Wednesday, 10 December 2014

Redaction



There’s something horrible – crime scene-ish – about the CIA-related memos with bits blacked out. Someone with something to hide has violated the text. Here’s a page from Tony White’s Shackleton’s Man Goes South (Science Museum, 2013) in which he reworks this kind of thing as part of a novel:



Text that would allow us the full import is concealed, and the result is a piece of writing that suggests, teases, frustrates. The reader has to work hard, without getting anywhere. The same thing happens with ancient texts that survive only as fragments: with these, the concealment is not deliberate, but the reading experience can be similar. Earlier this year I bought a book of translations of Ancient Egyptian texts in translation (The Tale of Sinuhe and other Ancient Egyptian poems, Oxford World Classics) precisely because I found the layout of text on some of the pages – half-lines, phrases, single words, separated by white spaces – both visually and mentally compelling.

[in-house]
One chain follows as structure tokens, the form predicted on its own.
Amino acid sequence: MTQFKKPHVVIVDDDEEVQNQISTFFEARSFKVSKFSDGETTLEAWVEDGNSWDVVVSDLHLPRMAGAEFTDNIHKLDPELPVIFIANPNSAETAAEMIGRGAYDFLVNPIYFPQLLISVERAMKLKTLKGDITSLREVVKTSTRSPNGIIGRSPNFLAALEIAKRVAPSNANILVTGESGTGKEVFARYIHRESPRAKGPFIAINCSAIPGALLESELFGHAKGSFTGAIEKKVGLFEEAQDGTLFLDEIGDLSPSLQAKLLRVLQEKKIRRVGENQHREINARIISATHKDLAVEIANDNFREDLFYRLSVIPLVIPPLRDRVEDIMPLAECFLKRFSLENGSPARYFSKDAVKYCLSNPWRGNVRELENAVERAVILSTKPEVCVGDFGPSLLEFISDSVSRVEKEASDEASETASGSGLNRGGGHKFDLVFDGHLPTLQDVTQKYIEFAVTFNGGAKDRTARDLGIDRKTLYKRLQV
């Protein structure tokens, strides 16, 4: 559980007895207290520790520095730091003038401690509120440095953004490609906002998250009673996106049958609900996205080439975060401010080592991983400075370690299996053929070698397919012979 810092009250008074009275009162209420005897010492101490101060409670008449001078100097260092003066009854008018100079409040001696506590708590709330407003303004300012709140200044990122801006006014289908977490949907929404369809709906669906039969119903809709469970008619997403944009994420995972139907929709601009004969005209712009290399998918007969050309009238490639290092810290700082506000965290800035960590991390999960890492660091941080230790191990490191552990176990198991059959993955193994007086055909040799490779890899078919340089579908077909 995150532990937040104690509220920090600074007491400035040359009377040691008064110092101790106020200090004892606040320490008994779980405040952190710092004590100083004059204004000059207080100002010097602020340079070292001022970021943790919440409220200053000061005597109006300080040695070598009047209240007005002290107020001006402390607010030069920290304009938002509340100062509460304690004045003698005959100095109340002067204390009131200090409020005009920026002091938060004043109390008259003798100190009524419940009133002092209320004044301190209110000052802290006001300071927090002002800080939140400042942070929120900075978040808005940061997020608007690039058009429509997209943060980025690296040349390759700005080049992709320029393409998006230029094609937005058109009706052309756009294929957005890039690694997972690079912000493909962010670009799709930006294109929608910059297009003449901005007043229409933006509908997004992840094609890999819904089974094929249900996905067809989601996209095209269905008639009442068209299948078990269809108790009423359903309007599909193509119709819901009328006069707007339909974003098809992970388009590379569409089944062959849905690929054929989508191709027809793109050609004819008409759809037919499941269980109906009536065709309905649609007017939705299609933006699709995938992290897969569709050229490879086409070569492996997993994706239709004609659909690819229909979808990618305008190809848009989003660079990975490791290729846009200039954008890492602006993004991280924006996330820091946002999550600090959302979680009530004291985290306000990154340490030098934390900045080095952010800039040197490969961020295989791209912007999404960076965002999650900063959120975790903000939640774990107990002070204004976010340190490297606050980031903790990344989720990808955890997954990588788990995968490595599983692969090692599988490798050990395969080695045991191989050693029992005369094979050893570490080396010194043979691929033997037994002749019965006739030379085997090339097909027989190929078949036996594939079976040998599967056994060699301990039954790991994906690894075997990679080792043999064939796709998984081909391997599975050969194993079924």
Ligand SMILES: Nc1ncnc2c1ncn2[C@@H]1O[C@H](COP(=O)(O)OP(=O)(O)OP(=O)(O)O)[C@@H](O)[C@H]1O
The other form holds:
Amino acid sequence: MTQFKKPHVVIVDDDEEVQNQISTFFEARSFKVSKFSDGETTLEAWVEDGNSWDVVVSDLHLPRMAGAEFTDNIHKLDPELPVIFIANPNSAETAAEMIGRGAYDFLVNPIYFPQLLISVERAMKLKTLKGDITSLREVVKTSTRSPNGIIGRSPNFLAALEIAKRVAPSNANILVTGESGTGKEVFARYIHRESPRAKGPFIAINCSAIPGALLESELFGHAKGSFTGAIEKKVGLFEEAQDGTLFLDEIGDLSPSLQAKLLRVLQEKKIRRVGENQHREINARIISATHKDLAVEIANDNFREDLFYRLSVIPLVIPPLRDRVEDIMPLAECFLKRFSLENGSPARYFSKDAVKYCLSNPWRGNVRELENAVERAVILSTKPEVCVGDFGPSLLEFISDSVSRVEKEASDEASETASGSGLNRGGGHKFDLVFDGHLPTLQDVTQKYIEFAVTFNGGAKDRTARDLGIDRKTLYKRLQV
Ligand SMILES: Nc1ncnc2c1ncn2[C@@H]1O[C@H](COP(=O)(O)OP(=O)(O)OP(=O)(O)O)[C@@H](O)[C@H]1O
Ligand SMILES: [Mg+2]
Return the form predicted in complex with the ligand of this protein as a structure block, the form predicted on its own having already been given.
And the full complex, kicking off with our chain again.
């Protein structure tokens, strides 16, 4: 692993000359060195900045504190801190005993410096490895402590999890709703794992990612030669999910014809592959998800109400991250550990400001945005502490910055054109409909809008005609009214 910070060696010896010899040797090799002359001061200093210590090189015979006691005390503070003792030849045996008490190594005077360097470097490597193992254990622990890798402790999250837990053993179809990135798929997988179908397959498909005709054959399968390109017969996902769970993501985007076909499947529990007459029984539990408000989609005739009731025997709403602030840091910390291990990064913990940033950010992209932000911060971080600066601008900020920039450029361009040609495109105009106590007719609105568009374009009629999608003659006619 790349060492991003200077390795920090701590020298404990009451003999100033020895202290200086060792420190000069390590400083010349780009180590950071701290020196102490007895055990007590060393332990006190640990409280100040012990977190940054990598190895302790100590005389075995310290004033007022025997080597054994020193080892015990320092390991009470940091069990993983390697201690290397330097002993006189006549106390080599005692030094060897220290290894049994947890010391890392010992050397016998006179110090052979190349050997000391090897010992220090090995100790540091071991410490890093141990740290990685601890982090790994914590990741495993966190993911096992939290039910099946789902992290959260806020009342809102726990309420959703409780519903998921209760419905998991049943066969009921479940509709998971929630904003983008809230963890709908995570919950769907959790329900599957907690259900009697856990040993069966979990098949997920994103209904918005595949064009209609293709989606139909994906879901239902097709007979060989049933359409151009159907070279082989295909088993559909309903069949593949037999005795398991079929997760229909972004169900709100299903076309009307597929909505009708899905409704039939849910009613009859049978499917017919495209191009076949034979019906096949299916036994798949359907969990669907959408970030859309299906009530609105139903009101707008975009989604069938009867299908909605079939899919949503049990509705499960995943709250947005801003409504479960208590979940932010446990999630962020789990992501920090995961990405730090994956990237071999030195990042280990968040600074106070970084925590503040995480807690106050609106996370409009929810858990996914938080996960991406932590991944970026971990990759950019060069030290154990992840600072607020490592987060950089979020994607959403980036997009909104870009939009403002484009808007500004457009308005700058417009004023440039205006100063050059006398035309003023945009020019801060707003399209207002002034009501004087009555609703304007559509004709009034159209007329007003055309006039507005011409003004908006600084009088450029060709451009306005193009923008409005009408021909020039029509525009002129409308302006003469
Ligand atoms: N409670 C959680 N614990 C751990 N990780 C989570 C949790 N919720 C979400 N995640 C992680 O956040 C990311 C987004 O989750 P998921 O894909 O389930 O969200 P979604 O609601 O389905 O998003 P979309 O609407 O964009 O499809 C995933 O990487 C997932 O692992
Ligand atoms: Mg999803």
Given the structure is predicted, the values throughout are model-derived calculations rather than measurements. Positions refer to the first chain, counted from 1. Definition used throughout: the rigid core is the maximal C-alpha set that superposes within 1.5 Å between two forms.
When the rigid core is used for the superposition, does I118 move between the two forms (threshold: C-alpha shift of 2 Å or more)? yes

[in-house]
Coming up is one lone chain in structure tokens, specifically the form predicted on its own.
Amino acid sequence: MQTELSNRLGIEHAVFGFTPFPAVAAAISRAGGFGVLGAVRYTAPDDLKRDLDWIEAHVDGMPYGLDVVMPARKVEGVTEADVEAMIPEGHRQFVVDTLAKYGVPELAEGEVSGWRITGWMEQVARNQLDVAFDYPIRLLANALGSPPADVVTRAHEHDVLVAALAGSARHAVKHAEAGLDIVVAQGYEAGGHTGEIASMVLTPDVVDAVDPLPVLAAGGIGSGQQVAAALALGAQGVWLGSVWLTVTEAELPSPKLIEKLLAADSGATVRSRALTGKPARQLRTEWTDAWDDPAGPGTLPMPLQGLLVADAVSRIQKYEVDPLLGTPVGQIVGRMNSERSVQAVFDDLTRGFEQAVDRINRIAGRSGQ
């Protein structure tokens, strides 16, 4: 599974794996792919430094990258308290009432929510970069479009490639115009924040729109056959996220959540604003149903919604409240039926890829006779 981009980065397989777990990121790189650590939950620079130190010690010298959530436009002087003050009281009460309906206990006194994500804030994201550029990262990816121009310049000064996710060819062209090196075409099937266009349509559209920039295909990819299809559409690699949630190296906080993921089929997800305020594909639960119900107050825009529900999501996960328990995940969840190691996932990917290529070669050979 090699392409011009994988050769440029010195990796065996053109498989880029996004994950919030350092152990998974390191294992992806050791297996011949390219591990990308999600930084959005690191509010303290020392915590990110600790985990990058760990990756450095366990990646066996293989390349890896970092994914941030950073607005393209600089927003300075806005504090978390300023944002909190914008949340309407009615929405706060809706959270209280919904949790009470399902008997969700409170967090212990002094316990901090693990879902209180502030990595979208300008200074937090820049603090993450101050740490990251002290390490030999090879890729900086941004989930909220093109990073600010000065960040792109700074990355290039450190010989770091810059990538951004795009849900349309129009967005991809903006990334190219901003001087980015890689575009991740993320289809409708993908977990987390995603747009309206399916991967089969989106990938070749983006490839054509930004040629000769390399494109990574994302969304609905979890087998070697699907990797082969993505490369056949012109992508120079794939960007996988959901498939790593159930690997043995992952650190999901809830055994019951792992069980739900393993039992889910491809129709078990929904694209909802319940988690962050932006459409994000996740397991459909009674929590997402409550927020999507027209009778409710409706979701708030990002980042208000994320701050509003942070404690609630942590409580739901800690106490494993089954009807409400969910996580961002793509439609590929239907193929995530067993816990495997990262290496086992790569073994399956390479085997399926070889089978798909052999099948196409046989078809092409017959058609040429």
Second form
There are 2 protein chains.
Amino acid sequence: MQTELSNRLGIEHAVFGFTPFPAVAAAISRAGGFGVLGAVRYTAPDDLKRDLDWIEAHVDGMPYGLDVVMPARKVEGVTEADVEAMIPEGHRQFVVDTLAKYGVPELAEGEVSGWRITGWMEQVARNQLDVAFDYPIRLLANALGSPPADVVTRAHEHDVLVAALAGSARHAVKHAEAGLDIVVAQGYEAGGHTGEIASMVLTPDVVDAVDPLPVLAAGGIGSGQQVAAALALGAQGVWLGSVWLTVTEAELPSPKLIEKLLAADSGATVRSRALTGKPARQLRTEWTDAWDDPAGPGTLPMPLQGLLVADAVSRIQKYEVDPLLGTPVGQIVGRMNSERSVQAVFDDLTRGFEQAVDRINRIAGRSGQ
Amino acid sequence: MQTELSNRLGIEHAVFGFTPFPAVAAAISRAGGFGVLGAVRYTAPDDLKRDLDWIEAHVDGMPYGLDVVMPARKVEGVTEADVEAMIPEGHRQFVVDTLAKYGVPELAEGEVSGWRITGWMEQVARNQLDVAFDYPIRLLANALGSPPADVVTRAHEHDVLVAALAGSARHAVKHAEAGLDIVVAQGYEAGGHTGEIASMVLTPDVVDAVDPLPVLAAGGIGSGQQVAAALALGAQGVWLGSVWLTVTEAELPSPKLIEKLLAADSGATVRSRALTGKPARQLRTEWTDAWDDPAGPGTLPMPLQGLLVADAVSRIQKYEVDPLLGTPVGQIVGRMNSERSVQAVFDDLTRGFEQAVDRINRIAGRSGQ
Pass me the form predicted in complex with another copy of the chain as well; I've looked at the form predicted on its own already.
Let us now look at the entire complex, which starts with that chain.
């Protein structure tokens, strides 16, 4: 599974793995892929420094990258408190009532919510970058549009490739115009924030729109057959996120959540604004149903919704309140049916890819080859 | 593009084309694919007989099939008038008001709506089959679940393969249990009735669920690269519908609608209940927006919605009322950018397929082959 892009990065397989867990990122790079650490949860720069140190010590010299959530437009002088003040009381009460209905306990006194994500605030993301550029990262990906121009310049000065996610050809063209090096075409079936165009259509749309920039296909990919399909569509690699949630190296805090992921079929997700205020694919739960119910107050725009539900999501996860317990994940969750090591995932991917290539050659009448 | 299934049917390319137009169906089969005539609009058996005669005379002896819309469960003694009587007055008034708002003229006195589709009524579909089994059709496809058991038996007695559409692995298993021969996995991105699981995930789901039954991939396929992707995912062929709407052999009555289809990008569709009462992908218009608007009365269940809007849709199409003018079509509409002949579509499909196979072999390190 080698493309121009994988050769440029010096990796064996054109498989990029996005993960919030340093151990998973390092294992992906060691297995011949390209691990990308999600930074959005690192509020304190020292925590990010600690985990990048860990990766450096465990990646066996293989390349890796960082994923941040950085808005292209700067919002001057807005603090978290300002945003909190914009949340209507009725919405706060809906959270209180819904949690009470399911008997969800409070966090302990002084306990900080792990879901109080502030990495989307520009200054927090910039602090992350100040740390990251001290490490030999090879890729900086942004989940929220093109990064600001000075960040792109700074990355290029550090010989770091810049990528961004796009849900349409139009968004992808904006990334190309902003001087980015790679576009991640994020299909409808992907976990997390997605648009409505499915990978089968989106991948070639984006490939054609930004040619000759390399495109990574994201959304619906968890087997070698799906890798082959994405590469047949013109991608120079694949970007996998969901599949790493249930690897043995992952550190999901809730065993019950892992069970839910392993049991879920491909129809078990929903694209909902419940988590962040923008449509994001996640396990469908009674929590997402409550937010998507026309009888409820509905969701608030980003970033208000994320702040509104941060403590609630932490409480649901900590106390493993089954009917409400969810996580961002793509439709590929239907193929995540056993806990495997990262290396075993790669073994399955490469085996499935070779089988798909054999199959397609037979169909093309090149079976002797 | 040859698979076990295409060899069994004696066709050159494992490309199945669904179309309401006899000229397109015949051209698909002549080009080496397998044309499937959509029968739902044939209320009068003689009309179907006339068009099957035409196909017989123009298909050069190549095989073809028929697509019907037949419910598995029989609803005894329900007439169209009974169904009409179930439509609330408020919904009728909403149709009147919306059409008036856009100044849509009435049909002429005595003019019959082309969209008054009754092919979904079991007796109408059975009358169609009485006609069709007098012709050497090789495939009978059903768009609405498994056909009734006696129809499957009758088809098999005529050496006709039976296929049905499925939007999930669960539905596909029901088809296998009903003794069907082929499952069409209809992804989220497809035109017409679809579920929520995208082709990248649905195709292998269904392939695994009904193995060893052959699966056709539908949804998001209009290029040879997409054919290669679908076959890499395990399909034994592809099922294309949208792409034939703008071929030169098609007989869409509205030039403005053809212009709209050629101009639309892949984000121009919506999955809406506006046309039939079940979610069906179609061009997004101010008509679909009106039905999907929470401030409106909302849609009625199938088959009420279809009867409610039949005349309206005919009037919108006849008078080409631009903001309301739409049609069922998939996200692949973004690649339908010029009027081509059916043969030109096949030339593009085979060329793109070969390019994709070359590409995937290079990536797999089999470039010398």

What will survive of us is fragments, if that. Here’s a piece of Sappho discovered in 2005:



For the text written clearly in Greek, and for Anne Carson’s translation of fragment 58 – both previous and new fragments – and her comments, see here. A reworking – translation into Greek? – by Anne Carson of some of the redacted CIA stuff would be something.

Tuesday, 2 December 2014

Finsbury Park